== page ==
What GAO Found
The Patient Protection and Affordable Care Act (PPACA) requires GAO to study competition and market concentration in the health insurance market. For this study, we examined individual, small group, and large group health insurance markets prior to the implementation of key PPACA provisions that went into effect in 2014 and that could affect competition and market concentration among health insurers.
While several insurers participated in each state’s individual, small group, and large group health insurance markets in 2013, enrollment was concentrated among the three largest insurers in most states. In each of the three market segments, the three largest insurers had at least 80 percent of the total enrollment in at least 37 states. In more than half of these states, a single insurer had more than half of the total enrollees and in 5 of these states there was at least one market segment in which the largest insurer had at least 90 percent of all the enrollees. In the remaining states—12 states’ individual markets, 14 states’ small group markets, and 11 states’ large group markets—more insurers participated and the market segments were less concentrated, with enrollment spread out among more insurers.
The individual, small group, and large group health insurance markets in most states remained concentrated from 2010 through 2013. Specifically, for each of these market segments, there were at least 30 states for which the three largest insurers had at least 80 percent of the total enrollment in each of the 4 years. GAO also examined the companies that comprised the largest insurers in each state and found that, in addition to holding at least half of the enrollment in most states from 2010 through 2013, these same companies generally remained the top insurers during the time period.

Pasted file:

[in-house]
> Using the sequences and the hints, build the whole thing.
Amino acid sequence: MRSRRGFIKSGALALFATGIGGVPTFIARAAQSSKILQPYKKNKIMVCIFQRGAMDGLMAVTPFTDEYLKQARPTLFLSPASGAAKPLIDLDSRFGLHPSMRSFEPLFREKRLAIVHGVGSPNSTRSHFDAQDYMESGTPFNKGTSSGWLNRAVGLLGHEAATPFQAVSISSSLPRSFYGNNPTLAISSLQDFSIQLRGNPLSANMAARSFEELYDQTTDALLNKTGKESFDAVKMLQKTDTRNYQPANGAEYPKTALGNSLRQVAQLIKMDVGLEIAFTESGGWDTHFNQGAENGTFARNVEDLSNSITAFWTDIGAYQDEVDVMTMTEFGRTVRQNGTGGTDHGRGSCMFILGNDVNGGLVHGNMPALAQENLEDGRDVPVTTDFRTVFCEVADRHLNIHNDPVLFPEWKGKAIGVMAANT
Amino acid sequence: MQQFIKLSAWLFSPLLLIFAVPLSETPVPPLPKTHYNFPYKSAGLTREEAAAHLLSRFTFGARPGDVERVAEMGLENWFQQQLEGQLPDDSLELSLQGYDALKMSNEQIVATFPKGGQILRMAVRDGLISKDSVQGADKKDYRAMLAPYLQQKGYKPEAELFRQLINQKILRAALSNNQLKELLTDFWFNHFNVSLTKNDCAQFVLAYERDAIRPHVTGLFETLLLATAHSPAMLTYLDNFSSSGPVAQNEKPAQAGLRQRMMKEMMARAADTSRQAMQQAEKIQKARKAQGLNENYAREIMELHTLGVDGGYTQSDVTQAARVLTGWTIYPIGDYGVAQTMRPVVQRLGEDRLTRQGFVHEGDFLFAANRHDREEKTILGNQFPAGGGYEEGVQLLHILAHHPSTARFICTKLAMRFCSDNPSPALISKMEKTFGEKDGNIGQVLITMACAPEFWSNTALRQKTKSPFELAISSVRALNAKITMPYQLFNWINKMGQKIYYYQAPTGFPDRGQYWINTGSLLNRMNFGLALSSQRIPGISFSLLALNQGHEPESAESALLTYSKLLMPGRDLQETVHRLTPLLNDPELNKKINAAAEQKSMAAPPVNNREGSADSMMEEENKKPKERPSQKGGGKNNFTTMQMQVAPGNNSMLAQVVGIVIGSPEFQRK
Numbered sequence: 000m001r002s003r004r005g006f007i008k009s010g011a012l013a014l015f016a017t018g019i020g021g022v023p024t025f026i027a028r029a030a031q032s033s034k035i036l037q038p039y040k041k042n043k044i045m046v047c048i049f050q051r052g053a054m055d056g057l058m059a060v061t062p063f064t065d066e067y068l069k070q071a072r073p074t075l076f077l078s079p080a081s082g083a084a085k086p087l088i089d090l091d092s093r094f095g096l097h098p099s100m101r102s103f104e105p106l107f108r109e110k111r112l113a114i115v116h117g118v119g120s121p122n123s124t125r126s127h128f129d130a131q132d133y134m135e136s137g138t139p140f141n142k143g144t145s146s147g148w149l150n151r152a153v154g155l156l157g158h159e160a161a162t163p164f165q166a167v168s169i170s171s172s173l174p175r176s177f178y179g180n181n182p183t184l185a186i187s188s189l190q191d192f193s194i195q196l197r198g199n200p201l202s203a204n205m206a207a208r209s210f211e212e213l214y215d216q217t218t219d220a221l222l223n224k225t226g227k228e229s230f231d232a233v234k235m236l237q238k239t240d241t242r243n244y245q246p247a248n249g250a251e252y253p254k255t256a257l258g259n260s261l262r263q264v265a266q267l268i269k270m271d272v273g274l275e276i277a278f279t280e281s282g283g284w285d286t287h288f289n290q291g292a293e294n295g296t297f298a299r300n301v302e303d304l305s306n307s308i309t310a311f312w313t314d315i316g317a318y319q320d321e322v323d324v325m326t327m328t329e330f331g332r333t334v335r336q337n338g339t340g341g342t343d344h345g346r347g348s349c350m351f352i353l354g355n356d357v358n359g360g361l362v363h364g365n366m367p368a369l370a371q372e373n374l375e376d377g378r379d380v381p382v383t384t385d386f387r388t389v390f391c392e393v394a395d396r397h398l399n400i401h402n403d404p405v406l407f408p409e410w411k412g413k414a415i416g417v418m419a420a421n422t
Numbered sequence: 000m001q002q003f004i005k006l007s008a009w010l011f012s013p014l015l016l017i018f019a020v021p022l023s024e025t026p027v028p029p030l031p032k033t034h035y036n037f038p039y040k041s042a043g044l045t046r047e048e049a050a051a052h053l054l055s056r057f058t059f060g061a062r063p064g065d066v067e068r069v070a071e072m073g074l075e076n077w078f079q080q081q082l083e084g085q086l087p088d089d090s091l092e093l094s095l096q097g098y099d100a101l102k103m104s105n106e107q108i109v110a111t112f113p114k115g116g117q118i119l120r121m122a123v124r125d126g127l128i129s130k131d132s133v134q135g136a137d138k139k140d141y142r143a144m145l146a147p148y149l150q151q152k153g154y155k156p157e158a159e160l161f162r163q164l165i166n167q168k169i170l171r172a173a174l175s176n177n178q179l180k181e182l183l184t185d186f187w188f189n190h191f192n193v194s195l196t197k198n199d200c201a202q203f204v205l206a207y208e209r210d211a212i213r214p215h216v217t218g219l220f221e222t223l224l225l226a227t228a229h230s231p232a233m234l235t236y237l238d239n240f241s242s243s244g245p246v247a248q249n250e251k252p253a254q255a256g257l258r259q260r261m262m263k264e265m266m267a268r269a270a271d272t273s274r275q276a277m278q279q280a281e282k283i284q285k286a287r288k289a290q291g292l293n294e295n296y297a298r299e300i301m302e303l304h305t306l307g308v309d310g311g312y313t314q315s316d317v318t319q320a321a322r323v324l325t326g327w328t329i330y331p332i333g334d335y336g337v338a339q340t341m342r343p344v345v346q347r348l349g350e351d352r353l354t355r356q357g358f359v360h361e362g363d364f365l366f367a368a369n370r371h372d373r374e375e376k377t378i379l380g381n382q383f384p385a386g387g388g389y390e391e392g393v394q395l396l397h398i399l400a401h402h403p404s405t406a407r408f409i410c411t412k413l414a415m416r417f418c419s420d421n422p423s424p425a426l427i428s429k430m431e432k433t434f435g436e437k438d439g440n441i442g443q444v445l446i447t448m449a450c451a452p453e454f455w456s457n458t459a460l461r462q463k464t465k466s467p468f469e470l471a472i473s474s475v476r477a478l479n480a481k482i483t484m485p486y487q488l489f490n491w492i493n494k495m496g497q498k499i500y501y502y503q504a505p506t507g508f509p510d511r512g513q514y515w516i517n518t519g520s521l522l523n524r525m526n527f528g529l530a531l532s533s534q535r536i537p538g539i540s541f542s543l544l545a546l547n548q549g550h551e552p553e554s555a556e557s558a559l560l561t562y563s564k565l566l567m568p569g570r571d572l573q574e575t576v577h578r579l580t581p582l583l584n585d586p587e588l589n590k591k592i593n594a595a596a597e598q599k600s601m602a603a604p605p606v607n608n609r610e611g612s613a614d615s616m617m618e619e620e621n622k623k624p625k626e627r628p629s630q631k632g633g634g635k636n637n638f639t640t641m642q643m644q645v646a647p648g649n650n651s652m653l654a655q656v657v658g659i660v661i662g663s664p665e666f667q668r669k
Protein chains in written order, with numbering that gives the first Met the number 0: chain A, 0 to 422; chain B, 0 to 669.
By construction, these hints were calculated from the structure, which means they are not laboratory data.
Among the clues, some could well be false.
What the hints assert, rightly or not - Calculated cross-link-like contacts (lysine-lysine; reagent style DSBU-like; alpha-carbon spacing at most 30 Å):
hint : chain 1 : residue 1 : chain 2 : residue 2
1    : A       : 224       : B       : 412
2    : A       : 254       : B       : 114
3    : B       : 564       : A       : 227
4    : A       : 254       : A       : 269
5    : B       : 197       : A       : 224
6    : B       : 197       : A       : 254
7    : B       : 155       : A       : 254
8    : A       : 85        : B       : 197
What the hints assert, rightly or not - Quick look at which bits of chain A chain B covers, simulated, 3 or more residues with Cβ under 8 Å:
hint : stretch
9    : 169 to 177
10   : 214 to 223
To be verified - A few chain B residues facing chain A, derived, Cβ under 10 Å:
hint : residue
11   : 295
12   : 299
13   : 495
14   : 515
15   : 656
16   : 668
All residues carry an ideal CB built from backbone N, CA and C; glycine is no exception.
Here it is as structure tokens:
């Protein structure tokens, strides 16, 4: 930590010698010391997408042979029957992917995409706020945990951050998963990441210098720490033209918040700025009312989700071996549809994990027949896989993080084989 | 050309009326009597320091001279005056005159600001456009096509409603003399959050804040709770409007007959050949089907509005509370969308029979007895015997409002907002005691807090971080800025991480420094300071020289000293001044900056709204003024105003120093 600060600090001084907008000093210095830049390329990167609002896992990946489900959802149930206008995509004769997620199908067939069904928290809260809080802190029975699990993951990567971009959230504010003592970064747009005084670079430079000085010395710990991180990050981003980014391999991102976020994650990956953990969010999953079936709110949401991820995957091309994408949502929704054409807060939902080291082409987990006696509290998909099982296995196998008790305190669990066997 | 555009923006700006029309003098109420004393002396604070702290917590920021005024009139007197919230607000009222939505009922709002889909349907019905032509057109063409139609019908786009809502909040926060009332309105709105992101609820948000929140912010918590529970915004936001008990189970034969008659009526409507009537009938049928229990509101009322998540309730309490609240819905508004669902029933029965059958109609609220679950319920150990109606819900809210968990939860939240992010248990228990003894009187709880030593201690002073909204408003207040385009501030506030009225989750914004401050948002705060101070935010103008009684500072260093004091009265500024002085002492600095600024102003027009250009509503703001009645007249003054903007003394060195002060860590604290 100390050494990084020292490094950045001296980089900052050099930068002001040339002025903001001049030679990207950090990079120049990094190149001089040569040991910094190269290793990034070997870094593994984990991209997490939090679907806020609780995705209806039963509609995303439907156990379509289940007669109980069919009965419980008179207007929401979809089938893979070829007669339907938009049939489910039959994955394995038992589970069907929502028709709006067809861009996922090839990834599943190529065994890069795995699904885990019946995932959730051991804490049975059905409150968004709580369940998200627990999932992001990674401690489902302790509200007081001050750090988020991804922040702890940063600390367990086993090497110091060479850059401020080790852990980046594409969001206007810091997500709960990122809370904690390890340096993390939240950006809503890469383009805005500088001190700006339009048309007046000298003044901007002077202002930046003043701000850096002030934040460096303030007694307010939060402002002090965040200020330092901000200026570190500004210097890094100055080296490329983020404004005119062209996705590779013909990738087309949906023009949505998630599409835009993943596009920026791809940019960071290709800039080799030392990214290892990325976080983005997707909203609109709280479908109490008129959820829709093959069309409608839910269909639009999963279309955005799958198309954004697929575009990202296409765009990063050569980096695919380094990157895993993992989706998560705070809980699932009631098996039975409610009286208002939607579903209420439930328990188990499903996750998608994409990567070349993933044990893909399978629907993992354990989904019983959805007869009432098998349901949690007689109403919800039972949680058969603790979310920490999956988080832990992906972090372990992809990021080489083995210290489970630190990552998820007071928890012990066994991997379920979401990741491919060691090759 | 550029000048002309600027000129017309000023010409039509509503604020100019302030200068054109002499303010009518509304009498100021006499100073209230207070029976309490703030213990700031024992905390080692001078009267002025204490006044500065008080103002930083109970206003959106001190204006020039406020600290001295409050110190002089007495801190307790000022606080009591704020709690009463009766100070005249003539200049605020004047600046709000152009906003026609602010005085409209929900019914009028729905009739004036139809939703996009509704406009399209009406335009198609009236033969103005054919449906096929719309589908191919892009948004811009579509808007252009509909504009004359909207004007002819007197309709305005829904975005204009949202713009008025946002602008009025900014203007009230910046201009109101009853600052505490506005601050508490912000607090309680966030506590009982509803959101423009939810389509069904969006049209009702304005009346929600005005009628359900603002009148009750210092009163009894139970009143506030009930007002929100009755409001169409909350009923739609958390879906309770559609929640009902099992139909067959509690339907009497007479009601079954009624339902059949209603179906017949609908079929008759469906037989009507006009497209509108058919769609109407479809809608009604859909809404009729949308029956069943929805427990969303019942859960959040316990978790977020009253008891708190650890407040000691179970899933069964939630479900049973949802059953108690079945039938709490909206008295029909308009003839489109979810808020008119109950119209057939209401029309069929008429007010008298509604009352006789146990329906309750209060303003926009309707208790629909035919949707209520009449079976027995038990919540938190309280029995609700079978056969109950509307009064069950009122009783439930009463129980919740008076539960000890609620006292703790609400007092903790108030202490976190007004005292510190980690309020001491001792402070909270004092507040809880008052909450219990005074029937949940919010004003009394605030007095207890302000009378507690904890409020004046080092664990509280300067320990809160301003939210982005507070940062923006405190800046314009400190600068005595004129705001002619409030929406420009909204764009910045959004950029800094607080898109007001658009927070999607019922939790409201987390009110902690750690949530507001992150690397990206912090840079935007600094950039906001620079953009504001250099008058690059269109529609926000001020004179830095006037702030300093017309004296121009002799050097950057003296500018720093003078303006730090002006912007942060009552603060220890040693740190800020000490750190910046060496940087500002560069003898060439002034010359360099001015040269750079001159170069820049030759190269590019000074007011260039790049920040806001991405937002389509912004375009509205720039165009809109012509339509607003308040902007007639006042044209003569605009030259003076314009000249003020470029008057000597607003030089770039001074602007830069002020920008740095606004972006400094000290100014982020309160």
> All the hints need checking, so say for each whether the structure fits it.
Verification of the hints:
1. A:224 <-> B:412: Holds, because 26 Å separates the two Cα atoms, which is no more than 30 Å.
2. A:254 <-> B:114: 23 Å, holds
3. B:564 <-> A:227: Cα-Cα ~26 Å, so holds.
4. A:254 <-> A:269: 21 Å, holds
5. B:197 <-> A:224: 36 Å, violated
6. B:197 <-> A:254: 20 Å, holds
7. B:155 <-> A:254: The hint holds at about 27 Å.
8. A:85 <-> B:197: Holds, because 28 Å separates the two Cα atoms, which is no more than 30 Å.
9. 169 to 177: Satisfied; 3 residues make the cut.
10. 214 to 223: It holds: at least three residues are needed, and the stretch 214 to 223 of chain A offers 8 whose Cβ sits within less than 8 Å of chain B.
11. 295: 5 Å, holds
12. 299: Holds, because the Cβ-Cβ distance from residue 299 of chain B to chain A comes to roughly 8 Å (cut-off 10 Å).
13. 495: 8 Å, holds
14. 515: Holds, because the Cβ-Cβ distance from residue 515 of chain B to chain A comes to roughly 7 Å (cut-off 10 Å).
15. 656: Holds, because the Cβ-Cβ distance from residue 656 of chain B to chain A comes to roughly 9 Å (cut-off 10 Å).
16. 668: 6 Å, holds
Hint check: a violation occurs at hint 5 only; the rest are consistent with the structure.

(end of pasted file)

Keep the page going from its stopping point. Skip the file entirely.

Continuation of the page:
Why GAO Did This Study
Millions of Americans obtain health coverage through private health plans, which include private health insurance sold in the individual, small group, and large group insurance market segments. Historically, there have been indications of high levels of concentration in these health insurance markets. A highly concentrated market—that is, one in which a small number of insurers enroll a significant portion of the total number of beneficiaries—may indicate a less competitive market and could affect consumers’ choice of health plans and their premiums.
In this study, GAO examined: (1) how enrollment in the individual, small group, and large group health insurance market segments in each state was distributed among insurers in 2013, and (2) how the concentration of insurers in these market segments in each state changed from 2010 through 2013. GAO analyzed 2010 data reported by insurance companies to the National Association of Insurance Commissioners (NAIC) and 2011 through 2013 data that PPACA requires insurers to report annually to the Department of Health and Human Services’ (HHS) Centers for Medicare & Medicaid Services (CMS), beginning in 2011. We analyzed each insurer’s share of total enrollment in each of the 50 states and the District of Columbia. For both the NAIC and CMS data, insurers submitted data separately for each market segment and state in which they conducted business. We did not assess the availability of insurers’ health plans, products, or policy offerings, as these data were not submitted by insurers to NAIC and CMS.
GAO is not making any recommendations. GAO provided HHS with a draft of this report for review; it indicated that it had no comments.